Government warned over Jackson delay

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By Legal Futures

8 February 2012


Head: well-balanced interlocking package of reform

The delay in implementing the Jackson reforms should not be used as an opportunity to let opponents water them down, the government has been warned.

City law firm Kennedys, which chairs the Civil Justice Group, said the delay to April 2013 should be seen as an opportunity to ensure that implementation is correct and “to ensure a well-balanced interlocking package of reform”.

Kennedys partner Tracy Head said: “While we recognise that the government may have legitimate reasons for delaying implementation in line with the introduction of reforms of legal aid, we wish to see the extra time used to get the rules and regulations correct – rather than any creep away from the agreed package.”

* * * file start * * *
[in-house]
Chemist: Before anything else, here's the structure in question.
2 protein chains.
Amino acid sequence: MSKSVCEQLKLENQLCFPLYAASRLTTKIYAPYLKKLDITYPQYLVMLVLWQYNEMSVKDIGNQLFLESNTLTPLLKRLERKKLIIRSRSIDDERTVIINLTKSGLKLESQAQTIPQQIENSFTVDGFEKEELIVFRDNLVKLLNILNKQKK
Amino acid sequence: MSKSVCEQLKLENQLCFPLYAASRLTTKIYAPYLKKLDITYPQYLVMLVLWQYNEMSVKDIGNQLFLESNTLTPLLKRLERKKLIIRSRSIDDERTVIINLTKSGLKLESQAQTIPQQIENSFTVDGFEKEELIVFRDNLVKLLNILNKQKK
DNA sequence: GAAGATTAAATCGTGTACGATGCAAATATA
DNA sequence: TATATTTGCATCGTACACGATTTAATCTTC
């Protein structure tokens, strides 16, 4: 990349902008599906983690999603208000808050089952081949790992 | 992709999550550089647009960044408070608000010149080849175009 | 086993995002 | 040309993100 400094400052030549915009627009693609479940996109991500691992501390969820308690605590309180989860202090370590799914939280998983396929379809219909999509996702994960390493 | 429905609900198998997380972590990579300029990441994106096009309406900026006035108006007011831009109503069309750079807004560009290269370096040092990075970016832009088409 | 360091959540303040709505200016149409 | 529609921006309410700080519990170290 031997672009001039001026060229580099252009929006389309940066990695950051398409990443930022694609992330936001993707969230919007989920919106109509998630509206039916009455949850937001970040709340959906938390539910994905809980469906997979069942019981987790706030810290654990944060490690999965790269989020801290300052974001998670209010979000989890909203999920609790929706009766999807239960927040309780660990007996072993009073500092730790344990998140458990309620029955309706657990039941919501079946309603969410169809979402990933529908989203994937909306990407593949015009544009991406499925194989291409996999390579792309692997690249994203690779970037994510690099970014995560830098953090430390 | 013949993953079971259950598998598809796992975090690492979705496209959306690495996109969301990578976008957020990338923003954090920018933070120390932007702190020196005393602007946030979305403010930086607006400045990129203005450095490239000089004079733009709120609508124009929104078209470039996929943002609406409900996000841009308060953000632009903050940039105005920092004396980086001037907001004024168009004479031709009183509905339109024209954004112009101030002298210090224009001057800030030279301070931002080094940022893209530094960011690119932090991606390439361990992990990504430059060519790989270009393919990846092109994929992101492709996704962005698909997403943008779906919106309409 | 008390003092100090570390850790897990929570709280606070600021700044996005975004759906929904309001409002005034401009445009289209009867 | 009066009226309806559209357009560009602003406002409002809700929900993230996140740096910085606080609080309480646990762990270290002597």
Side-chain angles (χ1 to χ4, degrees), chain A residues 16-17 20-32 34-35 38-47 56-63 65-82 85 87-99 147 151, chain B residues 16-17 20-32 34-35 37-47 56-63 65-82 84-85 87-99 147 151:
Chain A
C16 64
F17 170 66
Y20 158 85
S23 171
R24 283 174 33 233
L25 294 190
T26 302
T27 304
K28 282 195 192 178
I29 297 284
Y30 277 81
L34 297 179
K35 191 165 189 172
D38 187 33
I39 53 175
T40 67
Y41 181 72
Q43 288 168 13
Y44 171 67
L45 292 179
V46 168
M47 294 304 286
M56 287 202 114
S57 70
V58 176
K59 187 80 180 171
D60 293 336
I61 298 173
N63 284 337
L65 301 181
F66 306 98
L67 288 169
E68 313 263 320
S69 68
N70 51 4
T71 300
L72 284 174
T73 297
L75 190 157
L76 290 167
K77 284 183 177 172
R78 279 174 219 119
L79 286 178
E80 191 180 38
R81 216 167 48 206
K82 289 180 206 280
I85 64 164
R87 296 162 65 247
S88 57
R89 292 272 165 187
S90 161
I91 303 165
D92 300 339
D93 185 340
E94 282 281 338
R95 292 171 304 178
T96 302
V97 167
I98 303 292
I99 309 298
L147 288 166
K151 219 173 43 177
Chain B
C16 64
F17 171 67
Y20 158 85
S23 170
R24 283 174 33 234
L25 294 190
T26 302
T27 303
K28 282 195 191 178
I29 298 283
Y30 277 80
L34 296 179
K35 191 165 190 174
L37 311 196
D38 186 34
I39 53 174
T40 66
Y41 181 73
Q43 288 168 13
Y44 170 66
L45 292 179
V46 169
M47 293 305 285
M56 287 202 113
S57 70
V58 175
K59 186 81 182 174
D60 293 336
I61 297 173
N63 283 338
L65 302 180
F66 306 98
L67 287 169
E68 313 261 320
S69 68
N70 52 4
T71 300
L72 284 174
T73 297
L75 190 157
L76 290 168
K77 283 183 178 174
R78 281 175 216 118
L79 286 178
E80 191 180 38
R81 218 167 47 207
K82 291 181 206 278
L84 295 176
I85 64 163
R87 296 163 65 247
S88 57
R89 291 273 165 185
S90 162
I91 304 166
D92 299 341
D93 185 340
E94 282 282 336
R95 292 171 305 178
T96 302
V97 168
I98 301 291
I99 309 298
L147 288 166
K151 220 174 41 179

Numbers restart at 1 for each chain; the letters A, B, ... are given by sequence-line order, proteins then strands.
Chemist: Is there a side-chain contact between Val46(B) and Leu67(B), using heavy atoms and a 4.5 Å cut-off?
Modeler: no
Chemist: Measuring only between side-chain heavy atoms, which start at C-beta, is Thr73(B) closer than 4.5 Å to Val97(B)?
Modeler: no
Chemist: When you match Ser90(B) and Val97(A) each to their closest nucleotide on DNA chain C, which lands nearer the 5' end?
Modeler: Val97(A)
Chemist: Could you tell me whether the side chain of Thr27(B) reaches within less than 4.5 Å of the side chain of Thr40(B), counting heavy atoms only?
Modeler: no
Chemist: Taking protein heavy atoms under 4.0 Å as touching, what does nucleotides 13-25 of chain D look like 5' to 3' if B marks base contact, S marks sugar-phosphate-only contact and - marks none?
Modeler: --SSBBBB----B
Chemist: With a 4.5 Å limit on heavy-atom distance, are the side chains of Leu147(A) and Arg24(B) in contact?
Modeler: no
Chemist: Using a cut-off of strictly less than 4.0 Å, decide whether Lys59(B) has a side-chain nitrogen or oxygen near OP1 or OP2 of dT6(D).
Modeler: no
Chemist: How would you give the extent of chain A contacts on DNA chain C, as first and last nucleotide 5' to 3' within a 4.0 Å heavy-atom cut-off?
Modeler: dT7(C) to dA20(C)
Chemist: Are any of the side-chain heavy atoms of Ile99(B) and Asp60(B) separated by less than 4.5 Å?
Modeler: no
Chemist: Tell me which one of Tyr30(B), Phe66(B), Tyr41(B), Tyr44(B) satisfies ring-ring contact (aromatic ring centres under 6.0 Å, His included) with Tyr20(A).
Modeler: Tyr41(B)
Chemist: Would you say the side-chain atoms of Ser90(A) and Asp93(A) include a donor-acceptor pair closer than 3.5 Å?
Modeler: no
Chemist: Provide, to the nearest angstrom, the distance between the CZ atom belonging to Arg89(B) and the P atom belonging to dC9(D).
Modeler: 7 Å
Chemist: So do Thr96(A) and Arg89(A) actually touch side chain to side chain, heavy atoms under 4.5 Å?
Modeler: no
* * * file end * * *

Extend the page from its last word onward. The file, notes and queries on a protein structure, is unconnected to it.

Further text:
The group – a coalition of insurers and corporates that has been lobbying for the changes – said the delay will also give the government adequate time to take into account any possible changes to the road traffic accident claims portal arising from the impending response to the Solving disputes in the county courts consultation.

Kennedys also supported the government’s stance of limiting qualified one-way costs-shifting (QOCS) to personal injury claims “to reflect the fact that the same access to justice exigencies do not necessarily apply to other categories of case”. Lord Justice Jackson had suggested other areas where it might be appropriate.

Ms Head said: “If QOCS were to extend to, for example, professional indemnity cases, then the enhanced costs of defending such a claim would force defendants to compromise unmeritorious claims – thereby encouraging the flow of such cases.”

She said that if there was a desire to extend QOCS, it should be limited to:

  • Contract: Subject only to public policy considerations, a pre-litigation agreement whereby the parties determine how the costs of litigation would be distributed should be ratified; and
  • Public interest litigation: Proceedings in which a member of the public seeks to enforce an interest or right which is of wider application and benefit – for example environmental, consumer and employment practices.

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